Blues-rock guitarist Dudley Taft’s latest release, Screaming in the Wind, on his American Blues Artist Group label was produced by Grammy-winner Tom Hambridge, best-known for his work with Buddy Guy, Susan Tedeschi, George Thorogood and Johnny Winter, and recorded at The Switchyard and Rendering Plant in Nashville, as well as Taft’s new Muchmore Studio in Cincinnati. The recording facility is part of the house and property Dudley recently purchased from legendary guitarist Peter Frampton.
The new CD features a dozen songs, most of which are originals penned by Dudley Taft, including several co-written with Tom Hambridge (who also plays drums on a couple tracks) and Richard Fleming, plus scintillating covers of songs by Skip James (“Hard Time Killing Floor Blues”) and Freddie King (“Pack It Up”).
“Screaming in the Wind is my third solo effort and the first album I’ve done produced by someone outside the band. Several songwriting sessions in Nashville with producer Tom Hambridge and songwriter Richard Fleming helped the songs take shape before recording them,” says Taft. “It was refreshing to work with other great songwriters for the first time, and it gives Screaming in the Wind a different flavor.”
Taft’s regular band of John Kessler on bass and Jason Patterson drums is augmented by the addition of former Stevie Ray Vaughan keyboard player Reese Wynans on the sessions. Other special guests on Screaming in the Wind include the acclaimed McCrary sisters, who bring their smooth gospel harmonies to the song “Barrio,” while the Muscle Shoals Horn Section shines on “Pack It Up.”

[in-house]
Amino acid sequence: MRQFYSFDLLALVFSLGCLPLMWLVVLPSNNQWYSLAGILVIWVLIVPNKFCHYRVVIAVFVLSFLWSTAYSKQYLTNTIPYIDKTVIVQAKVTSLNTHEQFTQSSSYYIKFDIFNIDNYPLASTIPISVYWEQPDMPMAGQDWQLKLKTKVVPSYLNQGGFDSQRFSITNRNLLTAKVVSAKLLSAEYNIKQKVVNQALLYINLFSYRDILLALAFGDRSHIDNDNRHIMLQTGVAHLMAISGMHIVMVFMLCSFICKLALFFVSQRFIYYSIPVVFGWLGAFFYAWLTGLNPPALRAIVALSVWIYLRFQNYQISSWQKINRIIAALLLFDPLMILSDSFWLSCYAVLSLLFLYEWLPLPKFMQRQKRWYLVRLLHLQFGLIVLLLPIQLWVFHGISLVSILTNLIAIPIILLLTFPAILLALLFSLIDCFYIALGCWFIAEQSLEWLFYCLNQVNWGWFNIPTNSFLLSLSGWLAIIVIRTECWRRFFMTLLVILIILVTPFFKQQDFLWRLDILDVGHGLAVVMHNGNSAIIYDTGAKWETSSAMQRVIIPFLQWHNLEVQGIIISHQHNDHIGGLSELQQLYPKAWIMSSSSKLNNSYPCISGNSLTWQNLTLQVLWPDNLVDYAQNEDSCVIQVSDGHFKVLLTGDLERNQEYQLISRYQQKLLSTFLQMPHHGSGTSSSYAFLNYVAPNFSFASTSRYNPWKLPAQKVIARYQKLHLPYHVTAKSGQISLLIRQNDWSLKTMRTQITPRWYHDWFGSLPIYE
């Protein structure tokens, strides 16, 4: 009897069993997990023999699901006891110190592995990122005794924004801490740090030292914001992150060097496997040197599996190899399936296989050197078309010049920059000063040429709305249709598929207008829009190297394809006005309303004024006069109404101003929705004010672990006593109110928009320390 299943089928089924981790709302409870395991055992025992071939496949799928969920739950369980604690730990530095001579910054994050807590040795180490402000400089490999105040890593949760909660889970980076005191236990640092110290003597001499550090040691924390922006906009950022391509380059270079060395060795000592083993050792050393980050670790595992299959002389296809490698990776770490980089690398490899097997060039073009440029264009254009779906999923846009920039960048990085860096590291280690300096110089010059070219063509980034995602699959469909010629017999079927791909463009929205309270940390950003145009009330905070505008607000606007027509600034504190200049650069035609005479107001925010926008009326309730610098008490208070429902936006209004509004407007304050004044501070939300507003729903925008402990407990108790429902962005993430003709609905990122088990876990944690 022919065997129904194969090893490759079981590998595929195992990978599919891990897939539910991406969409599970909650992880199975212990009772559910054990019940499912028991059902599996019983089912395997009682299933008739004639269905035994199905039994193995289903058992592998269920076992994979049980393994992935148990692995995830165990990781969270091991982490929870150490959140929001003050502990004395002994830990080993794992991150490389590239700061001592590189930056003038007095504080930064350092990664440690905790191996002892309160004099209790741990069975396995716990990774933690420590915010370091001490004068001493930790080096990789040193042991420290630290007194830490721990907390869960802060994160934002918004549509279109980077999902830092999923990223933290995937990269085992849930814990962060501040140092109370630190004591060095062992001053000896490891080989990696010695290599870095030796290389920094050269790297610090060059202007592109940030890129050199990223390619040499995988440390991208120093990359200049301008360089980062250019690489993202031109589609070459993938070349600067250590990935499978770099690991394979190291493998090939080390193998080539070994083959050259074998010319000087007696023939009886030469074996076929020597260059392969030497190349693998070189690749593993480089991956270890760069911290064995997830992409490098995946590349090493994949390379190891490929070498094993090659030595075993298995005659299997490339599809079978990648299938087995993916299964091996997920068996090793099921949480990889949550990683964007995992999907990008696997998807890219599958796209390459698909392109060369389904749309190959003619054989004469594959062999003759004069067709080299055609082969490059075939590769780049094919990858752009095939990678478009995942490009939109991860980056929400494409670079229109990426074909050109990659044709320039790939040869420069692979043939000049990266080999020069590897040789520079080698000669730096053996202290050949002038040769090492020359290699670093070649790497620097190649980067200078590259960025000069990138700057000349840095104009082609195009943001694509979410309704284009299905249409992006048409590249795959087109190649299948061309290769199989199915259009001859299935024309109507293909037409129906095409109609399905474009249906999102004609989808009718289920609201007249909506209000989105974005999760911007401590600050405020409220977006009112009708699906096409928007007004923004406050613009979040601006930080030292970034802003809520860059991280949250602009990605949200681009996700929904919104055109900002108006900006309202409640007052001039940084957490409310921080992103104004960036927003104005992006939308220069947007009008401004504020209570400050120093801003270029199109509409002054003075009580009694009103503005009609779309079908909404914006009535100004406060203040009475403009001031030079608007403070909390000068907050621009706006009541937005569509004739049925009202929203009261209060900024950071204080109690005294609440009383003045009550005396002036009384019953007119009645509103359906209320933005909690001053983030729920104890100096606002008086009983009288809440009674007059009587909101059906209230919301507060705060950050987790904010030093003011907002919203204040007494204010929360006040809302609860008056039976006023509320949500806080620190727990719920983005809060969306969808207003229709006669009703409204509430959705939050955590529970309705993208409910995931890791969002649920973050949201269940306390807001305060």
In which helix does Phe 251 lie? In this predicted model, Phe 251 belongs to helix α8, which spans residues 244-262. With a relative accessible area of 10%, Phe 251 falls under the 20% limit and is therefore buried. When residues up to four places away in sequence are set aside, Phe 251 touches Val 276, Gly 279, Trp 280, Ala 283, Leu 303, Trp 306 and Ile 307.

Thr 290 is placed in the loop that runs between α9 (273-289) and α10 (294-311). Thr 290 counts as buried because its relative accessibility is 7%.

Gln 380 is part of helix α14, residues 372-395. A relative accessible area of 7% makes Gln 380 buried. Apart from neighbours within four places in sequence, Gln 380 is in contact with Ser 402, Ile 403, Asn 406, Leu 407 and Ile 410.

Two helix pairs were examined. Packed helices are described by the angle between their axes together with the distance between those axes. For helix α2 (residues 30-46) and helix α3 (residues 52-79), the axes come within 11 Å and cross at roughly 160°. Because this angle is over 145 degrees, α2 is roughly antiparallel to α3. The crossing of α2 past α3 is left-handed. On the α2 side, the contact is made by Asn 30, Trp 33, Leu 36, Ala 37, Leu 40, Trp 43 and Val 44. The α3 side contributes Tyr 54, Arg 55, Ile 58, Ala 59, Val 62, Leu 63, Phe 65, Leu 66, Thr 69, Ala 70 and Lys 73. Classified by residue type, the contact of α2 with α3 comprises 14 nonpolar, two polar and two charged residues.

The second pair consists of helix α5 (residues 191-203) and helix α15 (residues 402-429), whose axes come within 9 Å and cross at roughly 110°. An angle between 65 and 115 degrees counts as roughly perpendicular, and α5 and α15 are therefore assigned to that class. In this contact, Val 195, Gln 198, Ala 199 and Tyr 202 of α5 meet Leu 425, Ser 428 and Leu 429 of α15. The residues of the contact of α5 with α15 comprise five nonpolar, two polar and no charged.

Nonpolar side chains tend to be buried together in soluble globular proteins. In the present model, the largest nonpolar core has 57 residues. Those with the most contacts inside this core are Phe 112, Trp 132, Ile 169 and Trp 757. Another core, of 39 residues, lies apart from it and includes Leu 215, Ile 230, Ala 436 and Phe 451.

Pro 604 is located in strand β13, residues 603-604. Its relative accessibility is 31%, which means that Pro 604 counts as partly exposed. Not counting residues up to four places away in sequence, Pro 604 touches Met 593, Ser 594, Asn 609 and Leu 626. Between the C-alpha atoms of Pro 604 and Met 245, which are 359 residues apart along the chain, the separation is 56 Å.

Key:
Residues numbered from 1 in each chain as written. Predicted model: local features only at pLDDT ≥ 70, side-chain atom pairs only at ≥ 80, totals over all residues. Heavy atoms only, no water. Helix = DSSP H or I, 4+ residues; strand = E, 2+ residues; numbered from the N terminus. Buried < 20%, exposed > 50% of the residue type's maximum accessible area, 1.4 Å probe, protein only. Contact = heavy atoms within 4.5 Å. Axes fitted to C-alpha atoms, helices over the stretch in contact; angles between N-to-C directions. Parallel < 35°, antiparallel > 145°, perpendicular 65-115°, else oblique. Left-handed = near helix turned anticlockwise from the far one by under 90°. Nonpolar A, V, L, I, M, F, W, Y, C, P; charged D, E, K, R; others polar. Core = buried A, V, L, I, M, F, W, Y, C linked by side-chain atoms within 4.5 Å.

“So far, I have done a Freddie King song on every CD, and this was no exception,” states Taft. “I love the funky vibe and tight arrangement of ‘Pack It Up.’ We poured gasoline on it and lit a match.”
The title track of the album started as a custom instrumental riff and may have turned out to be one of the strongest on the album. Tom Hambridge and Taft worked hard to find the key imagery in the lyrics to tell the story.
Dudley Taft cuts loose on the instrumental track, “Red Line,” demonstrating why he’s been dubbed one of the hottest guitarists on the planet. Fans of classic ZZ Top riffs will be smiling from ear-to-ear when they hear Taft “spanking the plank” on that one.
“The riff from Skip James’ ‘Hard Time Killing Floor Blues’ got stuck in my head last year,” Taft remembers. “I thought giving it a Led Zeppelin ‘Black Dog kind of interpretation would make it fresh.”
The final song on the CD, “Say You Will,” has what Taft calls “an epilogue, where the gears shift and a David Gilmour influence surfaces, taking the listener off into oblivion. That was such a fun track to record!”